Enemy Mine is a 1985 science fiction classic starring Dennis Quaid and Louis Gossett Jr. The plot revolves about two enemy combatants: a human played by Quaid and an alien played by Gossett, who are forced to work together to survive. They become friends over time, and their friendship ultimately helps to end a brutal war.
When I bother to scan social media and the mainstream headlines these days, and this happens much less frequently than in years past, the prevalent theme seems to be “enemy thine.” Everywhere I turn there is someone willing to tell me who I should hate and why. This is not an unusual condition in the context of the volatile record of human history. It’s certainly not unknown to American history. But it does not bode well for a society which has prided itself on its egalitarian values and melting pot abilities.
We’ve wrestled with this issue here over the last several years. We’ve lamented the stubbornly self-limiting paradigm of that persistent false dichotomy of left versus right, but now there are enemies everywhere: Young versus old, urban versus rural, black versus white and white versus everyone else.
You know what I’m talking about. If you consume media at all, it’s almost impossible to avoid. We’ve always been a contentions species and our nation was born out of confrontation, but in my lifetime I have not seen this level of hatred for a people against its own members.
First, I want to have a word with those of you on the “right.” Shame on you. You claim that Christianity informs your values. Excellent. Lets run with that. The Bible says to love your enemies, pray for them and treat them with kindness. I’m not seeing that in your Facebook posts, your tweets and your opinion pages. Only God can judge the hearts, minds and characters of the people you seem intent on herding together and labeling as “liberals,” “leftists,” and “socialists.”
“Do not let any unwholesome talk come out of your mouths, but only what is helpful for building others up according to their needs, that it may benefit those who listen.” Does that sound familiar? It’s written in the same Book you’re using to condemn your neighbors, but if you pick and choose the instructions you decide to follow, don’t you think that cheapens your brand? Dilutes your message?
On the left, there seems to be some difficulty with definitions and a blind eye to hypocrisy. Shame on you. Let’s start with “prejudice.” The definition most often bandied about is one from Webster, which defines the word as “an irrational attitude of hostility directed against an individual, a group, a race, or their supposed characteristics.” You pride yourself on your egalitarian values and claim to desire equality, but you have no problem with statements like “All white people are by definition, racist.” How often have you used the word, “redneck” this year? Do you think all republicans carry assault rifles? Are all black people victims who need your help to overcome everyone else’s prejudice?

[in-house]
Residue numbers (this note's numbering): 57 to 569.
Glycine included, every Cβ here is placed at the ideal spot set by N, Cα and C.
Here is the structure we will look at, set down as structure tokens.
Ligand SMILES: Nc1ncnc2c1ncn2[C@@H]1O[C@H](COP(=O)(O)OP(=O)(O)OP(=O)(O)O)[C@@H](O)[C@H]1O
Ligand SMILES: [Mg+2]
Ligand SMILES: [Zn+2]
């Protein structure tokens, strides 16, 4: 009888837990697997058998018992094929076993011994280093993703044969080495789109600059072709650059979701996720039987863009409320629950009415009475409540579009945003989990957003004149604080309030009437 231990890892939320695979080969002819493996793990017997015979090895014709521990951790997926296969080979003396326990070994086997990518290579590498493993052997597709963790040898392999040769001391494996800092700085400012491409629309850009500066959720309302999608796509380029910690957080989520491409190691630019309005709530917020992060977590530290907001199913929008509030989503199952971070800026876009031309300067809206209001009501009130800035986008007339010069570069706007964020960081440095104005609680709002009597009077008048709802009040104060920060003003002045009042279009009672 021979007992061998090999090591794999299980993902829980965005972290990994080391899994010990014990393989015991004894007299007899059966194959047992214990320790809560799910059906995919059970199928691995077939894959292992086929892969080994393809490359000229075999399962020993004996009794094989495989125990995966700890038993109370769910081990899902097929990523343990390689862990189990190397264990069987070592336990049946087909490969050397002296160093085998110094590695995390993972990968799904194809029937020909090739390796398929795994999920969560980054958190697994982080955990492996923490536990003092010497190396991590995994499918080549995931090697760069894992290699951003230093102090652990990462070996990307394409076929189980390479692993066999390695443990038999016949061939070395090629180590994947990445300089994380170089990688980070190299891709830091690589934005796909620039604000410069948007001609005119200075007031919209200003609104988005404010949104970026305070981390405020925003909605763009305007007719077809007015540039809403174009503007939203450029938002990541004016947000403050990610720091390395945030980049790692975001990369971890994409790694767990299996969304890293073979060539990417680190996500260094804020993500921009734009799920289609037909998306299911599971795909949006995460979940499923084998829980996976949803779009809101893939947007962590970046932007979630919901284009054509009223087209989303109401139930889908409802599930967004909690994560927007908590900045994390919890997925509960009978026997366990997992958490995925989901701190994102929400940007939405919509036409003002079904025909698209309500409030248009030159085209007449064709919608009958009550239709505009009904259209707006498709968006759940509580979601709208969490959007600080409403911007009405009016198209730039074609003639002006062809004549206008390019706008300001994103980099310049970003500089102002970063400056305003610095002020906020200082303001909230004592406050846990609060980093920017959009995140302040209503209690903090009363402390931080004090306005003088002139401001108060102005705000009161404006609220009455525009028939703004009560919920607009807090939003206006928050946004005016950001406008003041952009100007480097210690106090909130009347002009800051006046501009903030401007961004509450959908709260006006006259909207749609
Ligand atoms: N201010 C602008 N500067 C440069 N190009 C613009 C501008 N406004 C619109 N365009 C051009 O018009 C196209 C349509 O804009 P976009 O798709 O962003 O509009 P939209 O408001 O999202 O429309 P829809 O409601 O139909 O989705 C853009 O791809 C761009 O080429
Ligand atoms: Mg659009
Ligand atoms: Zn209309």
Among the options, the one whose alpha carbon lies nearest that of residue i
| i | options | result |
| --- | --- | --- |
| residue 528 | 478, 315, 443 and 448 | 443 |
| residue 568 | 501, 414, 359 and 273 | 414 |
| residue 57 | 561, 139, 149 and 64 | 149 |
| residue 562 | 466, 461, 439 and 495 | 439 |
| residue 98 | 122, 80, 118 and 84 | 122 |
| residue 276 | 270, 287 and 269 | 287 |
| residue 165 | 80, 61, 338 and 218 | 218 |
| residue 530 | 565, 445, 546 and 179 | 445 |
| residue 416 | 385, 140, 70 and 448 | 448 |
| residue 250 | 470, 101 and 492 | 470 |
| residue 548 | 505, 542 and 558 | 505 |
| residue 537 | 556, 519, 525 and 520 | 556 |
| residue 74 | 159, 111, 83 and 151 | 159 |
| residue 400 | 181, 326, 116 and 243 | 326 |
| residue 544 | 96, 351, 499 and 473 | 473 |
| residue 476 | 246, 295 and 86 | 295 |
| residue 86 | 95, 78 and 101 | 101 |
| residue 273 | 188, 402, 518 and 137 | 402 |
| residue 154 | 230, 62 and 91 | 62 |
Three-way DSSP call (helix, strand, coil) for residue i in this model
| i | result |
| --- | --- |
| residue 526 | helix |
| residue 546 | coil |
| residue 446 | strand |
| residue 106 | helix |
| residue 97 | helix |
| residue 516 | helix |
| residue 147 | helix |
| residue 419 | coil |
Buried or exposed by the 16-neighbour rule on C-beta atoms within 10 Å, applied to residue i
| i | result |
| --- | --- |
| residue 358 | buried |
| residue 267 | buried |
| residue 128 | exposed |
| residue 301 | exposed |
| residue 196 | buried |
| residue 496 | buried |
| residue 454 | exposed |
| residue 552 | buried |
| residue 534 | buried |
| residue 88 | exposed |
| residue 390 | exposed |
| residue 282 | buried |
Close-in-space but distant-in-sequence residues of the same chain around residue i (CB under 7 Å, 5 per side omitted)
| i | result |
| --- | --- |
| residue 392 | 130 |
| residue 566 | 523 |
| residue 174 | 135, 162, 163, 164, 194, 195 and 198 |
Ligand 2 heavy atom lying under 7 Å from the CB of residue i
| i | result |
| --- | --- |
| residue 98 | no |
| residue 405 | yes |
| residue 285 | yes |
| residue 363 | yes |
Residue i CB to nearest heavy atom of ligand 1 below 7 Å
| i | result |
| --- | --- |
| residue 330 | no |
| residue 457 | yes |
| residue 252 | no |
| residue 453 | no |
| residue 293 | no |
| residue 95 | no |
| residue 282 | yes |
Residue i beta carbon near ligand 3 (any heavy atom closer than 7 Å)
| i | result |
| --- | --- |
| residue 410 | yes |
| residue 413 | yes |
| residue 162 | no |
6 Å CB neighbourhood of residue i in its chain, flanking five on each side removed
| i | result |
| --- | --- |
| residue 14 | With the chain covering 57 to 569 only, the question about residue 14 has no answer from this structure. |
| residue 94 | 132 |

“I have a dream that my four little children will one day live in a nation where they will not be judged by the color of their skin, but by the content of their character.” Does that sound familiar? It was spoken by Martin Luther King Jr., whose words and vision have informed the advancement of equality for two generations.
Back and forth like a seesaw on a playground, the insults have flown from election to election. The “left” was incensed by the disrespect shown to President Obama by the “right” during his administration. Now the right complains about the venom directed at President Trump. But he started it. No, she did.
We are not children on a playground, despite our willingness to act like them, but words can wound us just as deeply, and our toys and our abilities are much more dangerous to each other than what can be found on a playground. Neither are we engaged in a conflict with alien life forms. Our hatred is directed at human beings who are genetically almost identical to us.
It’s unfortunate that history tells so many stories of people brought together by a common enemy. Perhaps we have not advanced past such a need to resolve our own conflicts. In truth, we do have common enemies. We are suspended together on a tiny blue dot on the outer rim of a galaxy which is also a tiny dot in the vastness of space. We have crowded and consumed and poisoned our little home to the limits of its ability to provide a safe haven for us. We have our faith, our ideas and our hopes. These are powerful, but invisible. Ephemeral. All we have that we can touch and hold, and the only thing standing between us and the vastness of space, the loneliness of eternal time, is this earth, and each other.
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For those of you who aren’t sci fi nerds, the illustration is from a 1969 episode of the original Star Trek series called “Let That Be Your Last Battlefield.” The two antagonists are the last two survivors of a planet which went to war separated into two races of people, one which was black on one side and white on the other, and the other which was white on one side and black on the other.